One thing to add though is that the productivity of farming vs. foraging differs on the margin. Farming as a complement to foraging can be highly productive, as one substitutes labor hours devoted to low gain foraging to high gain farming. The key is that as farming comes to be the dominant strategy the low hanging fruit is picked, and one has to squeeze the same, or less, production out of a greater number of hours. So why farming and not foraging? I find Bowels conclusion rather cryptic:

However, an evolutionary argument may be able explain the eventual spread of farming once it was adopted in a few places. Because of extraordinary spatial and temporal variations in weather, soil quality, scarcity of wild species, and other conditions that could make farming rather than foraging an efficient provisioning strategy, it is likely that a few groups would have found it advantageous (by the marginal conditions above) to take up farming as their primary livelihood. Then, in order for farming subsequently to be adopted by other groups—the evolutionary problem—farming need not have lessened the toil of subsistence. Even if health status and stature declined, the lesser mobility of farmers would have lowered the costs of child rearing (41). This lowering could have contributed to the dramatic increase in population associated with cultivation (7) and, hence, to the spread of farming (12). Or the fact that agricultural wealth (stored goods and livestock particularly) was more subject to looting may have induced farming groups to invest more heavily in arms and to exploit their greater population densities, allowing them to encroach on and eventually replace neighboring groups (11).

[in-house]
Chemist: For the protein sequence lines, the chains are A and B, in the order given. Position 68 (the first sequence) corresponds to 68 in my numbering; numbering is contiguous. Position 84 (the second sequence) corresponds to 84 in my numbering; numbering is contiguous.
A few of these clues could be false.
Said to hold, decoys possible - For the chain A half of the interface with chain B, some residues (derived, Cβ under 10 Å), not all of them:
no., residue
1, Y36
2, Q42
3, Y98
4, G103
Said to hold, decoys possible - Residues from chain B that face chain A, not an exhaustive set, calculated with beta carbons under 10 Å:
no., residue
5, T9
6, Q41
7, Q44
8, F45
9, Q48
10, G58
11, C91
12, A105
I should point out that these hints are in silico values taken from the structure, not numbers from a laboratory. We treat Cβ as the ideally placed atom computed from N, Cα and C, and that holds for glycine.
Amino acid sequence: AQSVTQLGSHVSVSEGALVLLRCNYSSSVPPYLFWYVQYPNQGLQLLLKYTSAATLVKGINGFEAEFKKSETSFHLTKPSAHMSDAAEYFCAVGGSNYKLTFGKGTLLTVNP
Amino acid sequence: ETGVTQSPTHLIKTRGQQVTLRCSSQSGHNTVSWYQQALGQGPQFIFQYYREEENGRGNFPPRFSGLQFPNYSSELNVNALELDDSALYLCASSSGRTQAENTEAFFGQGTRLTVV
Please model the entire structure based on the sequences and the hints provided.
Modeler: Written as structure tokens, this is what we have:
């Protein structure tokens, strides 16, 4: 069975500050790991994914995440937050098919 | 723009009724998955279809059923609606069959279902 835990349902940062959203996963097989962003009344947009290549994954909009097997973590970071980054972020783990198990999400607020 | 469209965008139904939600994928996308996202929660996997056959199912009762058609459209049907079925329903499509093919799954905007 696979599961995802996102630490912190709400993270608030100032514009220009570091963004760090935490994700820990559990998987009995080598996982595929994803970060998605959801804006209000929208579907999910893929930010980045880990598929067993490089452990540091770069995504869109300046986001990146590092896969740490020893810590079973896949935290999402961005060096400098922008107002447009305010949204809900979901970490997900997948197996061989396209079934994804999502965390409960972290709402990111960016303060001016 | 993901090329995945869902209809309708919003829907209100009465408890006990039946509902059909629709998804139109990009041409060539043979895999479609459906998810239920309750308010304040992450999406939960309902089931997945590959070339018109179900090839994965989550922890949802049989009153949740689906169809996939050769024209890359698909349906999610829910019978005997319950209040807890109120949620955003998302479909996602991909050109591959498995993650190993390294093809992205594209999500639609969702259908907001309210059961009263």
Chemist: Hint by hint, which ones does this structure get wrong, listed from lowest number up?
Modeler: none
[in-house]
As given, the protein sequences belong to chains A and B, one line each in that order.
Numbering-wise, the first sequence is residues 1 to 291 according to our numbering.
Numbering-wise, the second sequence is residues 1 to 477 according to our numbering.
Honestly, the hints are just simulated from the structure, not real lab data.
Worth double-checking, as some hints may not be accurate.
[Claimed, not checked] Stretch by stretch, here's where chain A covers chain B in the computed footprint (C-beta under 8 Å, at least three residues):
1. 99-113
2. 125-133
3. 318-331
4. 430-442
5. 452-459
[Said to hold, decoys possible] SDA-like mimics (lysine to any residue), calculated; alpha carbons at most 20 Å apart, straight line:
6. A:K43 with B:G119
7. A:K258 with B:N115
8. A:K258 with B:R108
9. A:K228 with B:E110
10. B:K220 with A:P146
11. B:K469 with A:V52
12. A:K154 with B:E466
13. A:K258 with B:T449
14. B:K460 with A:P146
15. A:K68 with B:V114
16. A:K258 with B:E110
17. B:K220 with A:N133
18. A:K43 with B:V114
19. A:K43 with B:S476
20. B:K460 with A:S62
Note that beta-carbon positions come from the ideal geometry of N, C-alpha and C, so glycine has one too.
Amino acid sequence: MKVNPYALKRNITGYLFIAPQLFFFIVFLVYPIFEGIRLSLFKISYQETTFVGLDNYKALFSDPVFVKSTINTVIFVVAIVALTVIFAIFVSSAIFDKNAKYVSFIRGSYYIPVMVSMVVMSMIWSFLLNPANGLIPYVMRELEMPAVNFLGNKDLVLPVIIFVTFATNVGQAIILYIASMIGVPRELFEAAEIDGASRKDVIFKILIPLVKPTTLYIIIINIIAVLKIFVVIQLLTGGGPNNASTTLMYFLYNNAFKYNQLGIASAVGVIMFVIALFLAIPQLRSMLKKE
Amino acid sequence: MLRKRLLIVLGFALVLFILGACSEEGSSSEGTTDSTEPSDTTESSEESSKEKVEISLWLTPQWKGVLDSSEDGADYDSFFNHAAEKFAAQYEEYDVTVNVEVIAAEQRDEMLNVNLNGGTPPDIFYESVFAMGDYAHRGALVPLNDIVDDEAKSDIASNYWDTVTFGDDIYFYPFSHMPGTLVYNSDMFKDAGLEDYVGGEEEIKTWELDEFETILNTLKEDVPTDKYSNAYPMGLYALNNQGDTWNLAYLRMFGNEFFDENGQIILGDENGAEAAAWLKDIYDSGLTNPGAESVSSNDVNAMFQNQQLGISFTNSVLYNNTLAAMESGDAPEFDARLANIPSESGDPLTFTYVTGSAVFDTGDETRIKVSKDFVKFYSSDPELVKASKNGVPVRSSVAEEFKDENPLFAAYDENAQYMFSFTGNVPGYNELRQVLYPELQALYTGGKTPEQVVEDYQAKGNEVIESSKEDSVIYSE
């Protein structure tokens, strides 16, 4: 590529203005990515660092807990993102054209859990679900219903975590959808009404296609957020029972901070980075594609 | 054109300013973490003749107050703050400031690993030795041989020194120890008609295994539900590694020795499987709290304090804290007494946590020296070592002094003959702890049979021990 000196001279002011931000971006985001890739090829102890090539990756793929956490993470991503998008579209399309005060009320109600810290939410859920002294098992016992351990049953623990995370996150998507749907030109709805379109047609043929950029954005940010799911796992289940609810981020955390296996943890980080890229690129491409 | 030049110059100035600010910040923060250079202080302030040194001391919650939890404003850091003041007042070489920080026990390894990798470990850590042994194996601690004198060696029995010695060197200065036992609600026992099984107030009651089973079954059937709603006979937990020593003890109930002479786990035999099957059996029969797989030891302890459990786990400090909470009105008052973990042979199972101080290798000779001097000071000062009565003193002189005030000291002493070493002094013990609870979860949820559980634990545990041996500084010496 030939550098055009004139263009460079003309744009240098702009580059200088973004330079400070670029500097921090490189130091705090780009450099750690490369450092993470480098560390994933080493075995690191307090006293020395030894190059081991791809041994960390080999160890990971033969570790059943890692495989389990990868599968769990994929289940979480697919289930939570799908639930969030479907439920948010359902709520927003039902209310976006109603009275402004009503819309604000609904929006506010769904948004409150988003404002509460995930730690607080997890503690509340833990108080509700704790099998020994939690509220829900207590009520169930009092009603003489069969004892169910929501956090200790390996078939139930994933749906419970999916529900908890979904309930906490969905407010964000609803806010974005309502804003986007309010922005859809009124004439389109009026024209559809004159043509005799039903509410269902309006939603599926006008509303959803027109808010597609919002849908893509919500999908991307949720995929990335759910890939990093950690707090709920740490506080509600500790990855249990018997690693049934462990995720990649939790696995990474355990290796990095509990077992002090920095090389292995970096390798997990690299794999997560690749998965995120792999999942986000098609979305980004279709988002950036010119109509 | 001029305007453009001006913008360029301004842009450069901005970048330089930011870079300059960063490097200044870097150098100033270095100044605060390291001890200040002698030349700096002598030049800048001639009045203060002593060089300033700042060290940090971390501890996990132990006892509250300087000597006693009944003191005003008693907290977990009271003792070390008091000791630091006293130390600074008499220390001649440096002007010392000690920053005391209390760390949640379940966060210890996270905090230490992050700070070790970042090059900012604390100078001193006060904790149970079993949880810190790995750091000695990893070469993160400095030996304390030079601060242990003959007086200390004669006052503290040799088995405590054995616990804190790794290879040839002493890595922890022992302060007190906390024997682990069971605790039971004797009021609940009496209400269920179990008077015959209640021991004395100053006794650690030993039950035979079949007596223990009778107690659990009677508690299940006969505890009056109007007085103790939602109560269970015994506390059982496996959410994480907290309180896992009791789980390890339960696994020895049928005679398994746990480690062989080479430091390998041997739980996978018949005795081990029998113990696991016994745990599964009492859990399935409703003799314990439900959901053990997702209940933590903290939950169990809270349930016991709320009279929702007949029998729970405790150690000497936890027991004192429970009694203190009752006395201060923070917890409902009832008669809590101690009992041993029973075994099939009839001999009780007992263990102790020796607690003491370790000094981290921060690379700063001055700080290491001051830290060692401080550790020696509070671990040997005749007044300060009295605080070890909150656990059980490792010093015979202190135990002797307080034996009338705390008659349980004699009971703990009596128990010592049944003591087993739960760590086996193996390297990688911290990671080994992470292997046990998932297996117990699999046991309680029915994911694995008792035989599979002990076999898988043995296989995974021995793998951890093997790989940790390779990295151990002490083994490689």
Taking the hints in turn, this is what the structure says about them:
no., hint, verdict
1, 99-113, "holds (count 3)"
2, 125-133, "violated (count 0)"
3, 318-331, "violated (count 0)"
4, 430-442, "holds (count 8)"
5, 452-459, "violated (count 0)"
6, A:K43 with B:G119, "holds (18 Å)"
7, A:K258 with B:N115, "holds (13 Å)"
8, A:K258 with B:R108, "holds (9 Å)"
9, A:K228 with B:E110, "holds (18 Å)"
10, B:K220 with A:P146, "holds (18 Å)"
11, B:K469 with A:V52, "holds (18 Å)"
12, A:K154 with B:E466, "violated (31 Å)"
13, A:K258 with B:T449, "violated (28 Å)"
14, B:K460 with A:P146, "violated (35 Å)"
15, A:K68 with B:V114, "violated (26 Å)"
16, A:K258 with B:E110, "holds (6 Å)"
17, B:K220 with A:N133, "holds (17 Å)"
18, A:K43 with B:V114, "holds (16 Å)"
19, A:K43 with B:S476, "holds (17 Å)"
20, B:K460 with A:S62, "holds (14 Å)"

I think this suggests is that farming vs. foraging is a tale of quantity vs. quality. But well mobilized quantity can be quality. The disciplined phalanxes of ancient Greece and the legions of Rome were those of peasant farmers. They may have been relatively lacking in meat and milk, and therefore muscle, in comparison to aristocratic Gaulish and Persian levies, but they made up for it in cohesiveness of collective action and singularity of political purpose. The static immobility and density of farmers may have made them more susceptible to the institutions and ideology which bind a society together, and so allowed a group of villages to operate almost as an organismic whole. Against this mass action the forager clans, effective as individual units, but unable to coordinate, may have been impotent.

Therefore, the rise of farming may have been accompanied by the first demagogues and the blitzkrieg.

(Republished from Discover/GNXP by permission of author or representative)
 
• Category: Science • Tags: Anthropology, Culture, Farming, Neolithic Revolution 
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After linking to Marnie Dunsmore’s blog on the Neolithic expansion, and reading Peter Bellwood’s First Farmers, I’ve been thinking a bit on how we might integrate some models of the rise and spread of agriculture with the new genomic findings. Bellwood’s thesis basically seems to be that the contemporary world pattern of expansive macro-language families (e.g., Indo-European, Sino-Tibetan, Afro-Asiatic, etc.) are shadows of the rapid demographic expansions in prehistory of farmers. In particular, hoe-farmers rapidly pushing into virgin lands. First Farmers was published in 2005, and so it had access mostly to mtDNA and Y chromosomal studies. Today we have a richer data set, from hundreds of thousands of markers per person, to mtDNA and Y chromosomal results from ancient DNA. I would argue that the new findings tend to reinforce the plausibility of Bellwood’s thesis somewhat.